Sunday, December 21, 2014 by Frank Radaker
Try walking around while holding your hands 12 inches from your hips. You’ll notice well before lunchtime that your upper back and trapezeus muscles are quite fatigued and sore. Using handlebars that are too wide will produce similar results after a few riding miles. Alternatively, walk around for hours with your arms crossed in front of your torso. Sore shoulder joints? That’s also the result of using handlebars too narrow. Many cyclists can make do with bars that are one size too wide or too narrow; many others however, cannot tolerate the discomfort of just a one size mismatch. A two size difference between shoulder and bar width is almost guaranteed to cause discomfort.
Road bicycle handlebars are typically measured in 2cm increments. Usually this is given in even numbers (34 to 48cm). The goal is to match your bar width (measured from center to center where the brake levers are mounted with your shoulder width measured from AC to AC joint. “AC” stands for acromion. That’s the bony tip of the collarbone (clavicle) right above the shoulder joint. (nice anatomy diagram at right from petitebikefit.com) Matching your handlebar width to this shoulder width allows your arms to swing like pendulums (i.e. no muscle stress) out to the brake levers on your road bike. This positioning makes it easier for your arms to relax and to better act as shock absorbers over bumps. That means less teeth rattling on rough roads, less shoulder fatigue on long rides and a safer handling bicycle everywhere.
The tricky part is determining the actual width of handlebars you’re considering for purchase. The above explanation talks about measuring bars “center to center” at the brake lever location. Few manufacturers use that location for labeling purposes though – they measure center to center at the ends of the bar. For bars that drop vertically from the lever to the end of the handlebar tubing (where the plugs go), that’s fine. Some handlebars flare out from the brake lever to the bar end though, thus there’s a difference between what the bar is labeled and what its functional width is. (diagram at left from 3TTT)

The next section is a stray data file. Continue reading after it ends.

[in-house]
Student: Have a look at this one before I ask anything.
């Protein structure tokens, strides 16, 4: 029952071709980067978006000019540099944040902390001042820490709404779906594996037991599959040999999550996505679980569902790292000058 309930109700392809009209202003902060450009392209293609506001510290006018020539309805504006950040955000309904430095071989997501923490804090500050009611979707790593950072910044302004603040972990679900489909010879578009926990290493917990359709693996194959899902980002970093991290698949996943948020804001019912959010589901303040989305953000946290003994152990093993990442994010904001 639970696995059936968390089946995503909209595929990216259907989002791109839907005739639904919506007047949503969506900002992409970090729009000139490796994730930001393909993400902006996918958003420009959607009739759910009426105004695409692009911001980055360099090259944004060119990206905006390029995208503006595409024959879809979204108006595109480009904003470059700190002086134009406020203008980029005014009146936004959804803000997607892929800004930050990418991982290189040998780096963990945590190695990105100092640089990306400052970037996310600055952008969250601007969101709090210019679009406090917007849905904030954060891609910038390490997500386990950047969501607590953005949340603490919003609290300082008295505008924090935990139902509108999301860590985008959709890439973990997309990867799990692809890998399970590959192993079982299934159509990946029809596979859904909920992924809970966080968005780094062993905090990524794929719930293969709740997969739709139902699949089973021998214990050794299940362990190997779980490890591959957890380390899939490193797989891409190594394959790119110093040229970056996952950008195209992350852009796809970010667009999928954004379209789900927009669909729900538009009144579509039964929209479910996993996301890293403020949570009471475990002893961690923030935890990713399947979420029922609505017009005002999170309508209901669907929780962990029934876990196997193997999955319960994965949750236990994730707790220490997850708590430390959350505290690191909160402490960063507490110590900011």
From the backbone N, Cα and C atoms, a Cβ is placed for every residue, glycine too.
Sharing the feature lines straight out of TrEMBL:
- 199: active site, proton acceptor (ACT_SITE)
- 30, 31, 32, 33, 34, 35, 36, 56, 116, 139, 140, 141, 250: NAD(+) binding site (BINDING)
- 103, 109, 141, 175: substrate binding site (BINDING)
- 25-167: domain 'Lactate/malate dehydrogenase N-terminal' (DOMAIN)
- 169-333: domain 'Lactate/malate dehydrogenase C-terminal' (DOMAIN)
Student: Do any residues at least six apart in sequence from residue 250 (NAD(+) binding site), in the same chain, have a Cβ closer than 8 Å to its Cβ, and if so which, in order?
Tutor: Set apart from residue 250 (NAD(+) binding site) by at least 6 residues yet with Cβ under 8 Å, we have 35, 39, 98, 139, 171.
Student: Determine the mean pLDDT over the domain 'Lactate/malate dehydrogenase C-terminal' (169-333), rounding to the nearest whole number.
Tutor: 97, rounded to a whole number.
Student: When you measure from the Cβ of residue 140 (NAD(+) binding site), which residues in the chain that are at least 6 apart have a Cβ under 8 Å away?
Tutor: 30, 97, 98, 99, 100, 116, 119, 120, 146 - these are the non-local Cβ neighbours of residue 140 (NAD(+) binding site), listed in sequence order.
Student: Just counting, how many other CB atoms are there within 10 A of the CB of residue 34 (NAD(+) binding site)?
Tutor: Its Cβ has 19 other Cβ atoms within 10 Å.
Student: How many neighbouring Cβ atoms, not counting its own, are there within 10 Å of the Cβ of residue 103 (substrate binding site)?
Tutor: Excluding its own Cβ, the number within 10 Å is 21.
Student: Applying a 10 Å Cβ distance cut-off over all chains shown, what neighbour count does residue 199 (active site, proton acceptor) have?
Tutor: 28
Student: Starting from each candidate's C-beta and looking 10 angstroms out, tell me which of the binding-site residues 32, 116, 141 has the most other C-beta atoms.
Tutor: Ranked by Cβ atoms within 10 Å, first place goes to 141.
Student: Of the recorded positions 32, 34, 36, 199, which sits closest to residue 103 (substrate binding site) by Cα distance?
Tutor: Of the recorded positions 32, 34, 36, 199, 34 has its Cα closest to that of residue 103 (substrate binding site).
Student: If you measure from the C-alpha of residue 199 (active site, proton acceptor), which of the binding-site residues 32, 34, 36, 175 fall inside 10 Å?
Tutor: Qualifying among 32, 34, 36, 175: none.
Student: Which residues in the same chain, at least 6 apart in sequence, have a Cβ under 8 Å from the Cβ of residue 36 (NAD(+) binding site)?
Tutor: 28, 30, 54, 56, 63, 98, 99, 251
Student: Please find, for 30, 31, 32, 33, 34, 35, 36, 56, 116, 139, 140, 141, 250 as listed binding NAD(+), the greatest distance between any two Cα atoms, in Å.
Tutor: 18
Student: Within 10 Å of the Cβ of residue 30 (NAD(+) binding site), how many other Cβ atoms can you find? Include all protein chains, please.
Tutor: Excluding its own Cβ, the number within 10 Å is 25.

The other confusion happens when the bar maker measures and labels their bar width using an “outside to outside” method to measure. Like it sounds, that means they measure from the outside surface of the bar end (again, where the plugs go) to the outside surface of the other side. Sometimes it takes some research to determine what system a bar maker uses. Shoulder width must match the center to center measurement of a bar. If you find your favorite bar is listed using outside to outside data, just subtract 1.5-2.0cm to get the equivalent center to center width (i.e. a one bar size difference). If you’re unsure about your optimal handlebar width, talk with a Bicycle Garage Indy Bike Fitter.
Road handlebars come in a bewildering variety of shapes. The “bend” of each road bar (the shape of the curve) is designed to address issues such as riding position, racing VS touring, hand width, finger length, cyclist gender, etc.. Knowing how your current bar fails to fit you perfectly and a liltle common sense will point you toward a limited number of options from which to choose a replacement. Here’s a look at the range of shapes from just one manufacturer (Zipp Speed Weaponry).
Like many decisions, choosing your next road handlebar can be as simple or as in-depth as you want. A good first step is dicussing what options you have with a trained Bike Fitter. For information about the Fitting Services offered by Bicycle Garage Indy – Click Here
Frank Radaker, Certified Bicycle Fitter
Bicycle Garage Indy